Downes and Evans now show that ERR-gamma also gives beta cells the energy and endurance needed to respond continuously to glucose by producing insulin. As evidence for the importance of ERR-gamma, the researchers found that mice whose beta cells lacked this protein receptor were unable to respond properly to a spike in glucose. When they forced stem-cell-derived beta cells to produce ERR-gamma, the cells began responding to glucose like fully mature cells, without first having to mature in a living animal.
The researchers compare what happens in beta cells lacking ERR-gamma to a power outage. All of the wires, switches, and other elements may be ready to go. But the cell doesn’t have the energy required to activate them. With ERR-gamma in place, the power switches on, and the cell can begin its work to produce insulin.
To further test the lab-grown beta cells, the researchers inserted them into mice with type 1 diabetes. Those fully mature, transplanted cells soon began producing insulin to rescue the animals from their diabetes.
The new discovery now makes it more feasible to create fully functional beta cells, without relying on other mysterious maturation processes to occur after transplantation. Before clinical trials in humans can begin, however, the lab-grown beta cells must first be tested in animals. In the meantime, there are still plenty of questions yet to be resolved, including how, when, and where beta cells should be delivered. It will also be important to learn how long the replacement beta cells will function after transplantation.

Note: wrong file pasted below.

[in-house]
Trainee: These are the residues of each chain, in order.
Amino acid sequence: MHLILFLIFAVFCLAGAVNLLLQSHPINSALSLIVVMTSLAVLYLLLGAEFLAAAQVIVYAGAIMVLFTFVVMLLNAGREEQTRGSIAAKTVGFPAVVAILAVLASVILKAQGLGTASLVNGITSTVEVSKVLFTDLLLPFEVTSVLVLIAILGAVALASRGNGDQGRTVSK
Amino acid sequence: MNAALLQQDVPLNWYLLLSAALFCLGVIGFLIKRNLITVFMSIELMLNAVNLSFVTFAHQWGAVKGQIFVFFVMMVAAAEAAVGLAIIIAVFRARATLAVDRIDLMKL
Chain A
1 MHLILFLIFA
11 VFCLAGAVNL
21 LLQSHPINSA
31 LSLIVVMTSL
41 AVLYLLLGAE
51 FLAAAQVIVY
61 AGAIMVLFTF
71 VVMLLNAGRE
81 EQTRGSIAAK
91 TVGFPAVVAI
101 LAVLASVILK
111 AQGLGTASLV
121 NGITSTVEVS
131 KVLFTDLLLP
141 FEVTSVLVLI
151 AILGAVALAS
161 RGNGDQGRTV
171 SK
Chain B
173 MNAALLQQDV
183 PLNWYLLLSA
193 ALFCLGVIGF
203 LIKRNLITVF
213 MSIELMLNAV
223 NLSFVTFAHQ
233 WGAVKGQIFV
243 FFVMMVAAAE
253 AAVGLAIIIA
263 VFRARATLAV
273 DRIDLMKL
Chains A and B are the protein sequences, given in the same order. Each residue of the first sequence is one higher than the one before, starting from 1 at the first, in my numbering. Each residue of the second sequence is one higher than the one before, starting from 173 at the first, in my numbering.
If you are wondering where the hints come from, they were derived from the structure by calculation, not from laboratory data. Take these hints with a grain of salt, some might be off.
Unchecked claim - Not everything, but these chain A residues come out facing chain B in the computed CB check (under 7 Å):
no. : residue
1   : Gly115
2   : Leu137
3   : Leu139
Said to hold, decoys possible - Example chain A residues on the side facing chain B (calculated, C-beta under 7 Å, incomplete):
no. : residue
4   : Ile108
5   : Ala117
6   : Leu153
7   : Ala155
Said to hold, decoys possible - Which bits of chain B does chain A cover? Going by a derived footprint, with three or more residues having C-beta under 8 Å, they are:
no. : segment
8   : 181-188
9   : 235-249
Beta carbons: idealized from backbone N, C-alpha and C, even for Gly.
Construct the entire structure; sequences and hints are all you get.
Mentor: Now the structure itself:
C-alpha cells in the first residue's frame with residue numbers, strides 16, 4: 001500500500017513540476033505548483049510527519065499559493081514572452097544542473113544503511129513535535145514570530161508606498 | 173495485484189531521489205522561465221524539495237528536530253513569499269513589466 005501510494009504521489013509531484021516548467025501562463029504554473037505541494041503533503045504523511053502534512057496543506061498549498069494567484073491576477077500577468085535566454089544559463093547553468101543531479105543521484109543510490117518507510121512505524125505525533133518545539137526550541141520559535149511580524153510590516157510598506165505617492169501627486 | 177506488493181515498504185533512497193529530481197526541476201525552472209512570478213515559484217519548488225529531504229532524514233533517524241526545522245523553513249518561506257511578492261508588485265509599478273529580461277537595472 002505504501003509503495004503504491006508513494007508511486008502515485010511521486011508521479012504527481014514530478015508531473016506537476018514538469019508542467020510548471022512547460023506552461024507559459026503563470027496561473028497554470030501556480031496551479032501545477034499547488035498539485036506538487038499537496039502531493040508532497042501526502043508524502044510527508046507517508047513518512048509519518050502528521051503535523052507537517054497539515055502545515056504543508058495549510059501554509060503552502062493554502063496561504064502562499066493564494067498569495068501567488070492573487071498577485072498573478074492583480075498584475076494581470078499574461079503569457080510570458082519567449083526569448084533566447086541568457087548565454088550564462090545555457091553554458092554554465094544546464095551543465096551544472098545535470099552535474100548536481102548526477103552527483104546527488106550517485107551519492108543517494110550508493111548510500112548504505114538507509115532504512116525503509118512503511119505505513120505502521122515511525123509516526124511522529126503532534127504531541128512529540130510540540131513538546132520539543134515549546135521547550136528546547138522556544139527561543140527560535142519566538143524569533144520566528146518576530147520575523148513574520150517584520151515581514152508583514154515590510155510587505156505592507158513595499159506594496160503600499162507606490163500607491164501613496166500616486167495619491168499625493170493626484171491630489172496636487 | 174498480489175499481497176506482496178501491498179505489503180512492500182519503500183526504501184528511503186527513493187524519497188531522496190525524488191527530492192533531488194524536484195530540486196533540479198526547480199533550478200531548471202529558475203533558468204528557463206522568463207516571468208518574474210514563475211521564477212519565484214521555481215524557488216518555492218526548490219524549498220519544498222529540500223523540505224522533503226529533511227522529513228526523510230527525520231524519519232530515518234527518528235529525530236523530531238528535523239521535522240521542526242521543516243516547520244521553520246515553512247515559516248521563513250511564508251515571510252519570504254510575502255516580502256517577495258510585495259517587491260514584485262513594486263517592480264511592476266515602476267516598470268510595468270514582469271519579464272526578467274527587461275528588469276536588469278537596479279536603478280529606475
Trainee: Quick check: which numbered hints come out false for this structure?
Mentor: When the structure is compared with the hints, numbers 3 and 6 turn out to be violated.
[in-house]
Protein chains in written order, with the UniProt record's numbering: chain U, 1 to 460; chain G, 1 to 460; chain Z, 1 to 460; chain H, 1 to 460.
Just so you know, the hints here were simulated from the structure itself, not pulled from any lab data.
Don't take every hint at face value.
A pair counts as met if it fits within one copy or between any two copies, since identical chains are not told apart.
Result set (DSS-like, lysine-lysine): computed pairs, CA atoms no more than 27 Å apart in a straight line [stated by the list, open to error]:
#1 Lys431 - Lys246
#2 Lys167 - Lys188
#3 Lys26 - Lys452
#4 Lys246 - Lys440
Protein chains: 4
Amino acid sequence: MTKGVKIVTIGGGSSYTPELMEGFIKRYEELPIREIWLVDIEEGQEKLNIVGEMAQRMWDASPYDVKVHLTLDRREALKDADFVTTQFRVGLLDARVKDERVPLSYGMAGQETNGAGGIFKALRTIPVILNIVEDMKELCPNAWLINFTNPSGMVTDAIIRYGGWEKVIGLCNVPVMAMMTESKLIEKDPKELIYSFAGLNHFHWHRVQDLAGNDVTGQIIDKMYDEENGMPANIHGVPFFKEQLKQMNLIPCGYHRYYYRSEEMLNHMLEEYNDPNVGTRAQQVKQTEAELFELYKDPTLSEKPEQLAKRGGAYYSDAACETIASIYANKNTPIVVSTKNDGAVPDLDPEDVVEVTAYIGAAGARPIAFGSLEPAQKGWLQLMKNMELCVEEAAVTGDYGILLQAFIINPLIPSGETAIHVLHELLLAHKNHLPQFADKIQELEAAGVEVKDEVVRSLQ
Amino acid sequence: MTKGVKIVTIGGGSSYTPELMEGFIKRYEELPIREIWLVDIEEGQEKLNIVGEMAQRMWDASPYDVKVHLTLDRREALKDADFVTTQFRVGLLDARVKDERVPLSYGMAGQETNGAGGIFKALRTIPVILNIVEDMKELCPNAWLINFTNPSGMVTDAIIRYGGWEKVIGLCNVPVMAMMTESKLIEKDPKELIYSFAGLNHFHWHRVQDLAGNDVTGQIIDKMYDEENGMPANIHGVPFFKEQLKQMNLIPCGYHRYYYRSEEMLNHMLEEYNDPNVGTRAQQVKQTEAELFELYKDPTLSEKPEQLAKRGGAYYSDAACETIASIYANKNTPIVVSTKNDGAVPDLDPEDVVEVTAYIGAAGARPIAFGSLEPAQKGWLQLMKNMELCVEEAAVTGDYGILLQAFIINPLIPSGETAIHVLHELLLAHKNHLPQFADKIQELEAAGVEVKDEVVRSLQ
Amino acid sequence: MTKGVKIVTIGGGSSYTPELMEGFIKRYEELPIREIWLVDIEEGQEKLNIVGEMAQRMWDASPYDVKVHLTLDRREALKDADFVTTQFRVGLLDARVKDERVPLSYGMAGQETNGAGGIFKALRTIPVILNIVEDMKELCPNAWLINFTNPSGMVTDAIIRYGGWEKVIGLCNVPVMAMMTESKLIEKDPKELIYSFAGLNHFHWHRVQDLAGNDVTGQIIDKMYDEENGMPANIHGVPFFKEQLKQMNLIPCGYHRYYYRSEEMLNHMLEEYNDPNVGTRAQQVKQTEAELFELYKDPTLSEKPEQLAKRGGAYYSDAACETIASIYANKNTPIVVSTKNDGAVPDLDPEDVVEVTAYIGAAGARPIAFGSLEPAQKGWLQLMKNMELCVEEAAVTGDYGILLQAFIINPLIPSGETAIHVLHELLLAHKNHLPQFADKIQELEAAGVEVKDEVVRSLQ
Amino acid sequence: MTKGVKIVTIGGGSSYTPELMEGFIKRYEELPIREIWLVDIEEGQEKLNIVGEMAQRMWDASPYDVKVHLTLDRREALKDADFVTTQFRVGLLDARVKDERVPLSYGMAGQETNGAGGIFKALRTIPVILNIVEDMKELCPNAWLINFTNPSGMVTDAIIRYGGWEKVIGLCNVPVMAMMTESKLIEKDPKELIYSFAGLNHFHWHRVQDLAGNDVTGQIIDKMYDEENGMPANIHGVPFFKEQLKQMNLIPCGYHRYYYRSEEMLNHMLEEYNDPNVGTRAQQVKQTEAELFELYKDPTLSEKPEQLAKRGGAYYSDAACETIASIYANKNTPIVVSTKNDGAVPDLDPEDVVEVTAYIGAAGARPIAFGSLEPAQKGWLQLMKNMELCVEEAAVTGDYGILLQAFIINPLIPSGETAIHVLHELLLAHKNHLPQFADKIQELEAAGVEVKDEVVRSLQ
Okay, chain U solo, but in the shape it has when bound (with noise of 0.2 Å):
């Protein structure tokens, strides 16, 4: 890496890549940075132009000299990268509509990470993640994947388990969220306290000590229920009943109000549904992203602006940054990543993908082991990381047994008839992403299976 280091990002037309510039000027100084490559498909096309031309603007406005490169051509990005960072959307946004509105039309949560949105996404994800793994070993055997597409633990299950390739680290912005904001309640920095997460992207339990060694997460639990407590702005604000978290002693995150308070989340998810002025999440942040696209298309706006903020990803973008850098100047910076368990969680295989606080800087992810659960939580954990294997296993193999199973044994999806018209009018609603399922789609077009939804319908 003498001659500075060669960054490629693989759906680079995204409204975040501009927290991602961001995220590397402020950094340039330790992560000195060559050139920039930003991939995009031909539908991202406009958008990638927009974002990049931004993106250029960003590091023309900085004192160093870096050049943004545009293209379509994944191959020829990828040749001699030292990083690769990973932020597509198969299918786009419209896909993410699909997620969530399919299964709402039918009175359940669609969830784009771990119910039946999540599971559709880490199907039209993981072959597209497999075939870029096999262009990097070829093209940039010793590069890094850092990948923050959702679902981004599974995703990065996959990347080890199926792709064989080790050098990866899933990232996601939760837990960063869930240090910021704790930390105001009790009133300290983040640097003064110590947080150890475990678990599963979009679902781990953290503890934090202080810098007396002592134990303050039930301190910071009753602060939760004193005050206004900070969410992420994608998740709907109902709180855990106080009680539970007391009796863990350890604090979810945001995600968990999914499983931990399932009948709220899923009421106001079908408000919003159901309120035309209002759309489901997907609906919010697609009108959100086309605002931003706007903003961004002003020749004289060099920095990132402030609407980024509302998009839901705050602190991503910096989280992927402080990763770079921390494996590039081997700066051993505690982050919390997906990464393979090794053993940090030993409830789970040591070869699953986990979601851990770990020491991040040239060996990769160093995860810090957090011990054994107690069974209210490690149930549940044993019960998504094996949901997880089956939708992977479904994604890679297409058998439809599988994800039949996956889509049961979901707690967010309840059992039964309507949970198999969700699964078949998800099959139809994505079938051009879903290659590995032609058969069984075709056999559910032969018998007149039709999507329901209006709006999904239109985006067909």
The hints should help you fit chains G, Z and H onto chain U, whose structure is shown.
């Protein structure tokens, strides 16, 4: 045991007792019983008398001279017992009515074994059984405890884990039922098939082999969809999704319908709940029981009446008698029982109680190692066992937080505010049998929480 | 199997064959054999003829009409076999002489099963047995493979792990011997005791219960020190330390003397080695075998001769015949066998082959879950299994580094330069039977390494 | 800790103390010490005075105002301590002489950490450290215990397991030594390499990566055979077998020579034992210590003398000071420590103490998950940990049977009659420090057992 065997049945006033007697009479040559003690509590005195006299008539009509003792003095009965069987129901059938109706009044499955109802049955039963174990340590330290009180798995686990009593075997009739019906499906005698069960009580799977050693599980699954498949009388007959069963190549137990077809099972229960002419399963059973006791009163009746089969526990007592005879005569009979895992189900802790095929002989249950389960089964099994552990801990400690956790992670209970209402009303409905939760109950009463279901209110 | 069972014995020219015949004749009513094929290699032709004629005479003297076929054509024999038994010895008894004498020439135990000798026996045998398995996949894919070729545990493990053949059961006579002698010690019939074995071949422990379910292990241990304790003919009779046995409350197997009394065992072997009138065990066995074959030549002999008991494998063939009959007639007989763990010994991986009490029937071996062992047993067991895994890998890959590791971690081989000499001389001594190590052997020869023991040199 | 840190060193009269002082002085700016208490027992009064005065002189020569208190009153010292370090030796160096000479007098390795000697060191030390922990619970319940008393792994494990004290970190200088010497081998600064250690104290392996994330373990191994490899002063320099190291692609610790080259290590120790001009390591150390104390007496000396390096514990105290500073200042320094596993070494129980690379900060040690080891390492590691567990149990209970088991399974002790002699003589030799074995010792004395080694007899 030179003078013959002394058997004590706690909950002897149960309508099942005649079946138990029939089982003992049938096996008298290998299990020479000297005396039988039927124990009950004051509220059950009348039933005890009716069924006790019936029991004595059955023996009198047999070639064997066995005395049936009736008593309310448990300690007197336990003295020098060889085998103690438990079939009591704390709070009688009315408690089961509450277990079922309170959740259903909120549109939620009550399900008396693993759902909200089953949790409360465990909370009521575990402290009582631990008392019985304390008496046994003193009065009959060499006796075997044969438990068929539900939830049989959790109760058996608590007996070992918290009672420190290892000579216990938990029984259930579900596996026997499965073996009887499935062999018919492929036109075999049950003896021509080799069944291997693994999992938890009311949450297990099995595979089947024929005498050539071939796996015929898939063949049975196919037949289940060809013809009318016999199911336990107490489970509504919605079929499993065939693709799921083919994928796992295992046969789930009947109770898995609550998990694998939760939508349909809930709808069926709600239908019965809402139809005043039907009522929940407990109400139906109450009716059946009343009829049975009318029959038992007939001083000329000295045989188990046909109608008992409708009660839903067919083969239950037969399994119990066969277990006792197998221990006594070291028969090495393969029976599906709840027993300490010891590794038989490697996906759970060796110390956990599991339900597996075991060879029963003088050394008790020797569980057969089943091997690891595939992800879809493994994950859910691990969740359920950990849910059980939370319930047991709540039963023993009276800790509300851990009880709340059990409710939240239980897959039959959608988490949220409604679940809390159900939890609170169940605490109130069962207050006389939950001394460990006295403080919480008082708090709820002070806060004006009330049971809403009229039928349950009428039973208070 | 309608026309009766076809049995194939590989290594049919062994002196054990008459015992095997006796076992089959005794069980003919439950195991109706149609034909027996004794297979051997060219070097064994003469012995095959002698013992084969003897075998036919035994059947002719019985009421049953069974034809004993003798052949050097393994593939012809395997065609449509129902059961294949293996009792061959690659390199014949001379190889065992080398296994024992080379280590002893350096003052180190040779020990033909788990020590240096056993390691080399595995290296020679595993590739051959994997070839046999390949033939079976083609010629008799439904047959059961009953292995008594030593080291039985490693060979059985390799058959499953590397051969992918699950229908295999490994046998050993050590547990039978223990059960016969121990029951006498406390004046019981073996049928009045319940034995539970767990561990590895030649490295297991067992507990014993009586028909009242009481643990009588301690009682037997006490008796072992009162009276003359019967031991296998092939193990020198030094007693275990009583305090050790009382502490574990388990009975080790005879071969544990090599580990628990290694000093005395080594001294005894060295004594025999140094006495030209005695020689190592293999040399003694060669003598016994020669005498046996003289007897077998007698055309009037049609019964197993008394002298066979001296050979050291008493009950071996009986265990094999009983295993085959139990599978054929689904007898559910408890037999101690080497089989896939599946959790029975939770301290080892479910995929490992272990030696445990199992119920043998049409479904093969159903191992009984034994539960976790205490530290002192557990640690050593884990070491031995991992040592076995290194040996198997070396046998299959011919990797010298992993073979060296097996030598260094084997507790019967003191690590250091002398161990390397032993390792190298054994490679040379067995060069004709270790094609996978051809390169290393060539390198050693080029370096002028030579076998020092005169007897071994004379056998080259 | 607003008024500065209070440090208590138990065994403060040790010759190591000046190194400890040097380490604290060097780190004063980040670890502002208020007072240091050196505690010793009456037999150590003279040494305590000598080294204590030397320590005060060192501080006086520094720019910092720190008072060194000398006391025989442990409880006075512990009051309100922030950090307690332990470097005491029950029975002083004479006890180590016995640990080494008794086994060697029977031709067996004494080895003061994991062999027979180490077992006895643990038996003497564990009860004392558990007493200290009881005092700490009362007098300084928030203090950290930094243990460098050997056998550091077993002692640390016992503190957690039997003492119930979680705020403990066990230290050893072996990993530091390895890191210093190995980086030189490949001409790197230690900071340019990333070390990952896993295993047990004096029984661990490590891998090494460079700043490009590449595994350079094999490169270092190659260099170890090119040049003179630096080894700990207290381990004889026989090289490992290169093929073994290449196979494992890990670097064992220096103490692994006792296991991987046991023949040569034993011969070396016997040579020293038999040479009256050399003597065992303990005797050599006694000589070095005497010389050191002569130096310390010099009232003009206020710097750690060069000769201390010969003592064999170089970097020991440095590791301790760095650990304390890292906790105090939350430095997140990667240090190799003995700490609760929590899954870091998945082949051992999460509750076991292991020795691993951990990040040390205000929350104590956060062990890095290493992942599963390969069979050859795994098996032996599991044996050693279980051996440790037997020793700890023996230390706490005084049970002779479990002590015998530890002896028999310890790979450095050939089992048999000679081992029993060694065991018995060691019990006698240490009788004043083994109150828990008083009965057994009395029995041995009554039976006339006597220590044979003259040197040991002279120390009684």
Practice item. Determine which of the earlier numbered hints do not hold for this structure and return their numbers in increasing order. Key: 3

The good news is that this new work shows continued progress toward one of stem cell therapy’s many promising applications: to improve the lives of the many thousands of Americans living with type 1 diabetes.
[1] Pancreatic Islet Transplantation. September 2013. National Institute of Diabetes and Digestive and Kidney Diseases.
[2] ERRγ is required for the metabolic maturation of therapeutically functional glucose-responsive β cells. Yoshihara E, Wei Z, Lin CS, Fang S, Ahmadian M, Kida Y, Tseng T, Dai Y, Yu RT, Liddle C, Atkins AR, Downes M, Evans RM. Cell Metab. 2016 Apr 12; 23(4):622-634.
[3] Exercise and PGC-1α-independent synchronization of type I muscle metabolism and vasculature by ERRγ. Narkar VA, Fan W, Downes M, Yu RT, Jonker JW, Alaynick WA, Banayo E, Karunasiri MS, Lorca S, Evans RM. Cell Metab. 2011 Mar 2;13(3):283-293.
Your Guide to Diabetes: Type 1 and Type 2 (National Institute of Diabetes and Digestive and Kidney Diseases/NIH)
Evans Laboratory (The Salk Institute)
NIH support: National Institute of Diabetes and Digestive and Kidney Diseases; National Heart, Lung, and Blood Institute; National Institute of Environmental Health Sciences